By Rodney James
When it comes to church design, culture is a rarely evaluated — but critical — element.
Some would argue we shouldn’t evaluate the church’s ministries. Even if a church doesn’t invite critique, it takes place every Sunday on an informal level. We know guests make a decision about a church within the first seven minutes of arriving on the campus.
Knowing this, your church (and every church) needs a partner to design its facilities — one who understands your ministry. Having the right team to first guide in an effective evaluation, and then begin to create and design a facility that functions for your ministry, helps your church be more effective.
Many churches have built new facilities without carefully thinking through the purpose of each building and the needs of the ministries that will be housed within. Naturally, the main purpose of each building should be to advance the kingdom of God — but this won’t happen automatically. Often, new buildings are constructed when existing facilities could possibly be repurposed and renewed to meet the same needs.
Case in point: While assisting a church in a recent evaluation, the scope of the project dramatically changed from building a new, 60,000-square-foot building into renovating 50,000 square feet of existing facility and building only 35,000 square feet of new construction. The end result was a $4.8-million savings and a much more functional facility.
You start your church’s evaluation by defining your ministries, and then fitting your ministries into your facilities so that each building is assured of being used to its maximum potential. There must be clear objectives and goals. Make sure each objective is in line with the others, driving the project forward.
Here are several items to include and consider:
• Where and when the church started
• Average weekly attendance
• Annual giving
• The church’s vision for its future, with projected growth
• Existing and new ministry opportunities
• Timeline and process of how to facilitate ministry and growth
• Proper space requirements to meet ministry needs.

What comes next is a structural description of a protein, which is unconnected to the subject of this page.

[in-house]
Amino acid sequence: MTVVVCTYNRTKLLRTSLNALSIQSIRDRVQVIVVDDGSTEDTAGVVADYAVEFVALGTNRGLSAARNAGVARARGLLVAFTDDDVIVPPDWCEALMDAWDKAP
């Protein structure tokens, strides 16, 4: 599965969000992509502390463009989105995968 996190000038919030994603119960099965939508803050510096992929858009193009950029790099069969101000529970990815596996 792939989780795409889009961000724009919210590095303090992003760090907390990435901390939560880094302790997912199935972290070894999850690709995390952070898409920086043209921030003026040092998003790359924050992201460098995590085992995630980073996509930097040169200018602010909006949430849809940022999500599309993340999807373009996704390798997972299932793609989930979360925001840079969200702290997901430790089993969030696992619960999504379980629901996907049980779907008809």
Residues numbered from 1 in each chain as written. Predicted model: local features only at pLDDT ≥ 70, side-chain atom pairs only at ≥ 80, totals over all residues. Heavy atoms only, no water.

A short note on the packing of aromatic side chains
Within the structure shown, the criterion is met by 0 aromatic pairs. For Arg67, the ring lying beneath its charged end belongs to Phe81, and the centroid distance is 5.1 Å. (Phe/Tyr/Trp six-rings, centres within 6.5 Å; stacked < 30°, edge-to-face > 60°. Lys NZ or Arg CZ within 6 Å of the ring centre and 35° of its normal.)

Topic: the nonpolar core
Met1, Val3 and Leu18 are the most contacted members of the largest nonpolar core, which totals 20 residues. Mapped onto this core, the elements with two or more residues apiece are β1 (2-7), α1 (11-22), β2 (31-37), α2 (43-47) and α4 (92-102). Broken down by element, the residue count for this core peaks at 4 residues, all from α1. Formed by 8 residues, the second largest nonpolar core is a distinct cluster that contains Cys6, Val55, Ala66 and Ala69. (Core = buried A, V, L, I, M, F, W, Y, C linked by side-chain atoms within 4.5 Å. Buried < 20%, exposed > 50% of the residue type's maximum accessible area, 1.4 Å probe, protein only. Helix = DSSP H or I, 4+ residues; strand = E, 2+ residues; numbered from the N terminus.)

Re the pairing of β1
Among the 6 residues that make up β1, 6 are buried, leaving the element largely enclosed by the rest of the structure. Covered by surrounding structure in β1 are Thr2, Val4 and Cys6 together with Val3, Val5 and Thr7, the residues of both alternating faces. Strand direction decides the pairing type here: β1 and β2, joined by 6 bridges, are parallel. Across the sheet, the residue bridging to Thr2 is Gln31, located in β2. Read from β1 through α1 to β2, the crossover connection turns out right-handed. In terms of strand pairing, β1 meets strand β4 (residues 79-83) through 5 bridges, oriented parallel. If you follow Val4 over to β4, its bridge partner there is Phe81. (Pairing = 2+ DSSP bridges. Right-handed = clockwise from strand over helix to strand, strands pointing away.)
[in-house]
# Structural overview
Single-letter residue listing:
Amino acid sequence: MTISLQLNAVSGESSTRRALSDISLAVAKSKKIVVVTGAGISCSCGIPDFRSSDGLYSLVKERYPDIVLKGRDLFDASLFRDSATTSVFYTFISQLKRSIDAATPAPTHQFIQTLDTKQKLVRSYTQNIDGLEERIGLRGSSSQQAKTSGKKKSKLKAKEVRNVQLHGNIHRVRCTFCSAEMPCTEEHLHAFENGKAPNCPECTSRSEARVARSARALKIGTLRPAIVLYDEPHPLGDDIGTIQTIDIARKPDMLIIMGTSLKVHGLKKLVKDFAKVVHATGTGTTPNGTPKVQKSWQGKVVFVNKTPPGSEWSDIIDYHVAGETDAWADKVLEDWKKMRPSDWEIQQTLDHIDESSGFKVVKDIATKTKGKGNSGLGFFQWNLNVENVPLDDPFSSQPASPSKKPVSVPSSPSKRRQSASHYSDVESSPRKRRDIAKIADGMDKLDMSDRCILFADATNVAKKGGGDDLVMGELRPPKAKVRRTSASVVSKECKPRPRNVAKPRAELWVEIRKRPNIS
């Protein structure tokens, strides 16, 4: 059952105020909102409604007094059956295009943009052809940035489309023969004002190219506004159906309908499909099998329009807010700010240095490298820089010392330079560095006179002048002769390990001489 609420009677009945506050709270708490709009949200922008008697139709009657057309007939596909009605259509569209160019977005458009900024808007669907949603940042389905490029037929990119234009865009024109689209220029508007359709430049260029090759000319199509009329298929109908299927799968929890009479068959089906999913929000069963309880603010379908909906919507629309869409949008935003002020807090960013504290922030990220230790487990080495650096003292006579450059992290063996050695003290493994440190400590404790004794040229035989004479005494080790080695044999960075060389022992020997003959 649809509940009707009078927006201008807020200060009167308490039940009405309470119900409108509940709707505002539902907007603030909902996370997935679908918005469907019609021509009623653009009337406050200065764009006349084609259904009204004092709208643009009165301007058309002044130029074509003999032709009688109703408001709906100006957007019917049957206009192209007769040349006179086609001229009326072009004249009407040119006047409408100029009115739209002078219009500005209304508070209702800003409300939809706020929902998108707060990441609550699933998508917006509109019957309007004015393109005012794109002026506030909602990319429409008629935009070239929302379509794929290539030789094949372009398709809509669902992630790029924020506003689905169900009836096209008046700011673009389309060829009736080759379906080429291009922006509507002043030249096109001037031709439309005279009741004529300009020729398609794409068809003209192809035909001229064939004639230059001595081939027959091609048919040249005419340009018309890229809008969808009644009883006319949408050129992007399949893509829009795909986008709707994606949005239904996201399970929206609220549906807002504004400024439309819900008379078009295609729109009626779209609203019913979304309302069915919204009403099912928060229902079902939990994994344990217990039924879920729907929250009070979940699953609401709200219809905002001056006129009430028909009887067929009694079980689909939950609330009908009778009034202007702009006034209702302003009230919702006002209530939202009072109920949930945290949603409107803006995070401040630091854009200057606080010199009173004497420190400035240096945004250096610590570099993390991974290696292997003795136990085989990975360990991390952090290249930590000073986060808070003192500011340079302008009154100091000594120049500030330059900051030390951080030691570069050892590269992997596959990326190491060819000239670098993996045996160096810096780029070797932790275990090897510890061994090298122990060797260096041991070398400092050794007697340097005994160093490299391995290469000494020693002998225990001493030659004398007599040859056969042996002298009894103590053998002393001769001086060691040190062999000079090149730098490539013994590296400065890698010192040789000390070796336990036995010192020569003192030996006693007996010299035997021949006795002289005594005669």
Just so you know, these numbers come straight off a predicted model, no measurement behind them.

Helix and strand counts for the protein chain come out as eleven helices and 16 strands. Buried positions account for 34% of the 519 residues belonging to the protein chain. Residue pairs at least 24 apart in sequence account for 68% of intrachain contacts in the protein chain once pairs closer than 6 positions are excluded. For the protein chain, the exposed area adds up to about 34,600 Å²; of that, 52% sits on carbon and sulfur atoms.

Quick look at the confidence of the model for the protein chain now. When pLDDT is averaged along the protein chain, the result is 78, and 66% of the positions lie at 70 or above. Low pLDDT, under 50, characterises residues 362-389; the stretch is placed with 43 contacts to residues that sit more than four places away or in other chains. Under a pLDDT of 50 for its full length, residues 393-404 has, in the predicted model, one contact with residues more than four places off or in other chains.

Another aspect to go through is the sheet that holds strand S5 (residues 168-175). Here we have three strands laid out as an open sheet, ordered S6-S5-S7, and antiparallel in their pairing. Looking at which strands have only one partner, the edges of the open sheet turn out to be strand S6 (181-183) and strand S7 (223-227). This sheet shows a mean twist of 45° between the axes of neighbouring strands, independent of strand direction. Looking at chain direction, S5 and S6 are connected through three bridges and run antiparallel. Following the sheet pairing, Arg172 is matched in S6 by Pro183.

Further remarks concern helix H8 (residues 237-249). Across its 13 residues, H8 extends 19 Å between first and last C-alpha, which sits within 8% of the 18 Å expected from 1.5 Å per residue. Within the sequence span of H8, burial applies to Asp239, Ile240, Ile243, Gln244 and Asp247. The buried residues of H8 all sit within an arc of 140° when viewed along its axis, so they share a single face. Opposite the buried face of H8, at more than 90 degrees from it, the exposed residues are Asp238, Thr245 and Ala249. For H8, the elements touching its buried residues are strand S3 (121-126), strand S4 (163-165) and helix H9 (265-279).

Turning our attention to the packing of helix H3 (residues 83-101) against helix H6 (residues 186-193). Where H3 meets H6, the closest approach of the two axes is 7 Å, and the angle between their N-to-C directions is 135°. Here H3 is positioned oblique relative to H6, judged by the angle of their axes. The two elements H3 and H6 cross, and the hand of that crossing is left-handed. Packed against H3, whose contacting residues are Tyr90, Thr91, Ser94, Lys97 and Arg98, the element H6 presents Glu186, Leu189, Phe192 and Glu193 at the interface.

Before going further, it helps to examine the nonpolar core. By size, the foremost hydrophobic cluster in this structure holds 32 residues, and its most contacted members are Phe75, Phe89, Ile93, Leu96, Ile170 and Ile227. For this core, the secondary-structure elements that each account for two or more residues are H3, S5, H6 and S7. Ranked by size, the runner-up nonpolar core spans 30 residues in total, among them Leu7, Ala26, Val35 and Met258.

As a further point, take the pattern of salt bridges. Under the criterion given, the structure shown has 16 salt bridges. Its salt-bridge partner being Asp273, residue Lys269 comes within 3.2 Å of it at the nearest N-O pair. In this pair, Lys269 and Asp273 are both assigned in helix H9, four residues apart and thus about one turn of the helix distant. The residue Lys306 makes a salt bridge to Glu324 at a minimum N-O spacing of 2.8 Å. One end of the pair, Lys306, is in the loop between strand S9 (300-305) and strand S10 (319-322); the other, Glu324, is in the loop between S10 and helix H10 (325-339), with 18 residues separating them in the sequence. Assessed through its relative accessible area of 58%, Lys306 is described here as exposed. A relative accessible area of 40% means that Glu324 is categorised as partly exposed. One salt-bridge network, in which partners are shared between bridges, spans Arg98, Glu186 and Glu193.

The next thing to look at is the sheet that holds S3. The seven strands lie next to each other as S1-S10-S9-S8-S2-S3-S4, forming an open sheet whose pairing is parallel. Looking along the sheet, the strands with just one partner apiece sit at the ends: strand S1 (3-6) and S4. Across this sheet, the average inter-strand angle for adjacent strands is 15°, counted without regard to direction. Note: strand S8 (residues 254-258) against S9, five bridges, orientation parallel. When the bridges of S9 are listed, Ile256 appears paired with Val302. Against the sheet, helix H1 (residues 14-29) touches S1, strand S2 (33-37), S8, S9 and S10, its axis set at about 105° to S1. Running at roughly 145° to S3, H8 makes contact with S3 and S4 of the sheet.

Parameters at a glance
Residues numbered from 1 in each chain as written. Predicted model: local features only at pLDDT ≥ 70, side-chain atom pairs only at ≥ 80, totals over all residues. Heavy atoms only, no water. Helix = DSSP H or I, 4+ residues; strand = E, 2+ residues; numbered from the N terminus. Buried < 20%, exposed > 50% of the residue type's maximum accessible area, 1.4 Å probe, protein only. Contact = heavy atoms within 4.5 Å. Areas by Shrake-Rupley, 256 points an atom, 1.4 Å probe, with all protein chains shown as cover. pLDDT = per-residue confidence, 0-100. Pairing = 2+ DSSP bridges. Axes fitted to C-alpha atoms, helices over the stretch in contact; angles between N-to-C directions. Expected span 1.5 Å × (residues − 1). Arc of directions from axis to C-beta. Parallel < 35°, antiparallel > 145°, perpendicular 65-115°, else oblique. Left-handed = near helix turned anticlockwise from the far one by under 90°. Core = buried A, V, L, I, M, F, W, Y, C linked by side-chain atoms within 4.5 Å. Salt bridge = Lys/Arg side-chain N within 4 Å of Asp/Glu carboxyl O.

The point is this: the ministry must drive the project. When people see your church’s vision — and know the purpose behind what you’re doing — you’ll be able to garner the greatest financial support and church member buy-in. People want to invest in Kingdom work, not just buildings. When they see how their giving is advancing the Kingdom, not just facilitating a building project, they are moved to give, not motivated by a campaign.
Choose your building partner wisely
Another item to consider during your evaluation is a good building partner. Every pastor needs someone who can come alongside him or her, the staff and / or building team to educate and lead them toward wise, informed decisions. Every church needs a partner who will be honest about the realities of what the church can and can’t do and what it can and can’t afford. This same partner must be able to walk with the church in faith for what might seem like an impossible goal. That is the kind of partner every church needs.
The partner your church chooses can make the difference in the success of your project. It’s important to partner with a team that has been in the ministry, and understands design and ministry function from the church’s point of view.
Your building partner should do its own evaluation and understand your church’s and ministry’s culture. The right partner will ask questions about who you are as a church, how you do ministry, and what your mission is in the Kingdom before asking you what you want to build or how much you want to spend.
When your vision and missions are molded into the design, plans and phases of a project, you’re building with a purpose — and will end up with a project that advances your ministry into the future.
Rodney James is Director of Business and Finance for Churches by Daniels Construction. Located in Broken Arrow, OK, this construction company specializes in designing and building churches nationwide.